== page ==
With a Grant from the Cultural Trust, Rajneeshpuram: An Oregon Experience, premieres November 19, 8pm on OPB-TV

Like it or not, the Rajneesh is a part of Oregon’s recent history, a community and a series of events that had a profound impact on the people of Wasco and Jefferson counties.

Bhagwan Shree Rajneesh’s disciples may have come to Oregon with honorable intentions in 1980, with dreams of a utopian community where they could practice their spiritual beliefs. They built a city on what had been the 100-square-mile Big Muddy Ranch between Antelope and The Dalles, which they called Rajneeshpuram.

Avarice and political ambition soon ran amok, however. Followers of The Bhagwan wrested control of the Antelope City Council in 1984 and changed the city’s name to Rajneesh. In August of that year, the sect began bussing in homeless people and registering them as Wasco County voters. In an attempt to seize control of The Dalles during the November 1984 election, the Rajneeshee allegedly planted salmonella in restaurants to poison Dalles residents, sickening 751 people and hospitalizing 45. After that, The Bhagwan and some of his followers fled to North Carolina, where he was arrested, brought back to Oregon to stand trial, convicted, fined $400,000, and deported to India. The ranch was sold to new owners and Antelope got its name back in 1986.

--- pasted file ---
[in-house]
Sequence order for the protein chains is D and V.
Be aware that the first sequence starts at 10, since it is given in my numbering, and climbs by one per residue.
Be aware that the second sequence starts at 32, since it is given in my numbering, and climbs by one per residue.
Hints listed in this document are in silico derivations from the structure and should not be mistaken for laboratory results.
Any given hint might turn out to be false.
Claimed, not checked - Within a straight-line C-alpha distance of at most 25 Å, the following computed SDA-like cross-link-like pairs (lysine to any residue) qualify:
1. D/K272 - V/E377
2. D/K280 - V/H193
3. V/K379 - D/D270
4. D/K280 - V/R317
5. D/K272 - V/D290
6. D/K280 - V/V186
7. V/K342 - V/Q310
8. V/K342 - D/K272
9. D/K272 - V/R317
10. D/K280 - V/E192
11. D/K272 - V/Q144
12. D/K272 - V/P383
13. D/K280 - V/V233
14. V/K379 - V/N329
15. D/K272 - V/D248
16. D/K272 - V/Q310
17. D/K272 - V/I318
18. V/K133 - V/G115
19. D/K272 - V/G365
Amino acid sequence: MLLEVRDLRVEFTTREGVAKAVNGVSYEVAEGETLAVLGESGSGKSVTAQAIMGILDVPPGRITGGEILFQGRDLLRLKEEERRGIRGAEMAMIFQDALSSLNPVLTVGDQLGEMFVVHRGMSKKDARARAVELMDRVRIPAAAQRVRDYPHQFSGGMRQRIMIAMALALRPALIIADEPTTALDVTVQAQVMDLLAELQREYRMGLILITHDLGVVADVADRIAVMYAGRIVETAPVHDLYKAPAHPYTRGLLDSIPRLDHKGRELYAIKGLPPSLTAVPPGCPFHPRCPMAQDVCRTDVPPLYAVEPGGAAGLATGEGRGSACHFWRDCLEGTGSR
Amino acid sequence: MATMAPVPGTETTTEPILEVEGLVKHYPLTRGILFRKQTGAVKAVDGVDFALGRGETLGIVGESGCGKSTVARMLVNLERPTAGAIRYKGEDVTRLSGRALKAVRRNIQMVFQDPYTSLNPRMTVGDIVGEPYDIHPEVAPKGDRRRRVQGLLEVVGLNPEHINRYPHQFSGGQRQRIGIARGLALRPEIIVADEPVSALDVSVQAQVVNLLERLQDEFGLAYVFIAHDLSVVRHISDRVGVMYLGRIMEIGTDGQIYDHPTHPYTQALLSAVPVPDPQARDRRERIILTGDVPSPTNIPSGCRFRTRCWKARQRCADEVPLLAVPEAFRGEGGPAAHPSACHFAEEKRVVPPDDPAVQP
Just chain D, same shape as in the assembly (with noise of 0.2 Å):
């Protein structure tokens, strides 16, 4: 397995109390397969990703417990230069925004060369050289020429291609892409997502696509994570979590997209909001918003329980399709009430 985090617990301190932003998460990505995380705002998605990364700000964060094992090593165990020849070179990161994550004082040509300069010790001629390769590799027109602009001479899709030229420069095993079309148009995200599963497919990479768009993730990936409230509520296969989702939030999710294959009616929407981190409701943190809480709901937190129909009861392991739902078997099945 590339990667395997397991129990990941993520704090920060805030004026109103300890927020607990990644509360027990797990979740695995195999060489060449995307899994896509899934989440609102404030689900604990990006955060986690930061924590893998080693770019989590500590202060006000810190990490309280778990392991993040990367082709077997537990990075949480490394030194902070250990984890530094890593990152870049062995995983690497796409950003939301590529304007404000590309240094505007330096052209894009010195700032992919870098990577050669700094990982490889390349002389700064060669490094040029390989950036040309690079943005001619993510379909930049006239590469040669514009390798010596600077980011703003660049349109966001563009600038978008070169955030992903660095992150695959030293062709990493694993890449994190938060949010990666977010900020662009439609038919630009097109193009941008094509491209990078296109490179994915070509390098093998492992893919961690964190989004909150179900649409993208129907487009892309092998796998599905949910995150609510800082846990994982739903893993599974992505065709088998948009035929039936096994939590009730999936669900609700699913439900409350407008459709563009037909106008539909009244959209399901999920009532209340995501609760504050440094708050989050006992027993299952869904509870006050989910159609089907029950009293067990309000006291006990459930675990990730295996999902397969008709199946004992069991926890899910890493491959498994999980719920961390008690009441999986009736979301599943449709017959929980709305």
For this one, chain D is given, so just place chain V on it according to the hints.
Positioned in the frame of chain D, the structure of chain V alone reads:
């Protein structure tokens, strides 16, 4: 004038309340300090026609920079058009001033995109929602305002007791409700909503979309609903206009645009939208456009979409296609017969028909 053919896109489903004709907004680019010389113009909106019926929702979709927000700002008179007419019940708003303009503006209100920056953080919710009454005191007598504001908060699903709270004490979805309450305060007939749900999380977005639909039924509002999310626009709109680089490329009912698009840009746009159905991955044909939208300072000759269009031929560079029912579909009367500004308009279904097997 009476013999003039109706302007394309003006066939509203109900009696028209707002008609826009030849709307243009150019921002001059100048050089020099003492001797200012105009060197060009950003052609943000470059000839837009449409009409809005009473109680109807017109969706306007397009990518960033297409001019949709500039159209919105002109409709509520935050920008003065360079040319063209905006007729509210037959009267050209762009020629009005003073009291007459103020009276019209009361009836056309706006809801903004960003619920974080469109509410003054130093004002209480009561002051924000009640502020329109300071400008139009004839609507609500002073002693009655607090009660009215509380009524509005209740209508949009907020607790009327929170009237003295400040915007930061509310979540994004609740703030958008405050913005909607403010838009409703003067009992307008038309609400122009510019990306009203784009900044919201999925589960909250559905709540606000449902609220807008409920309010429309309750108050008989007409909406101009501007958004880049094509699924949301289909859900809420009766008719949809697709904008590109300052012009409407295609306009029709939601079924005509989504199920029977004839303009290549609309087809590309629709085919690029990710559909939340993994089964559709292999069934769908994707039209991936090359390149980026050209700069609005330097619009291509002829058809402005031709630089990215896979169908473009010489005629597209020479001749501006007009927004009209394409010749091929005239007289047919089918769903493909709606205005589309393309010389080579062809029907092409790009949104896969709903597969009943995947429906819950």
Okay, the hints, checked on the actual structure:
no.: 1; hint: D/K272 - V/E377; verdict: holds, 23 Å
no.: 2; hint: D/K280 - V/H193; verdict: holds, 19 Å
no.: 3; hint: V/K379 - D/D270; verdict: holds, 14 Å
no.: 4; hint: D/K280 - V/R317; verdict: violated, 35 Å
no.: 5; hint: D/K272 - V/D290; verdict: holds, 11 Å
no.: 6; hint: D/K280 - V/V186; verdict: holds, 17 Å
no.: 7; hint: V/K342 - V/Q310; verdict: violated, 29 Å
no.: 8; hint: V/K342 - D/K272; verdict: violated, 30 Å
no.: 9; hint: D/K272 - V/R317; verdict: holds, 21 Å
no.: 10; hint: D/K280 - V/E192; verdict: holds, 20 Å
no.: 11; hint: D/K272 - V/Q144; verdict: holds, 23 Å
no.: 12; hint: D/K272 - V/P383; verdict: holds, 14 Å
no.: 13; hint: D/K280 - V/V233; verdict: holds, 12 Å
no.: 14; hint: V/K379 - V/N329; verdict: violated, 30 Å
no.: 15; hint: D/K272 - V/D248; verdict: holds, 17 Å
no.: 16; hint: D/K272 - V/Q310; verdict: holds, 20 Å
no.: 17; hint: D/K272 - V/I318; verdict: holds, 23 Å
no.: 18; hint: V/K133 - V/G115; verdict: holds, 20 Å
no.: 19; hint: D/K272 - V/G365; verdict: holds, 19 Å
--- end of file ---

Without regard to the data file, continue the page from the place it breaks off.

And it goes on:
The new one-hour episode of OPB’s Oregon Experience, Rajneeshpuram, funded in part by a grant from the Oregon Cultural Trust, explores the four plus year lifespan of the Rajneesh community, from both within and outside the commune. Local officials from Antelope and The Dalles tell how the Rajneeshees, as they began to encounter obstacles to their city-building plans, grew ever-more aggressive. Several former commune members, who remain active in their spiritual practice today, appear in the program to describe the seldom-heard perspective from the inside.

Rajneeshpuram was written and produced by Eric Cain and Nadine Jelsing, edited by Lisa Suinn Kallem.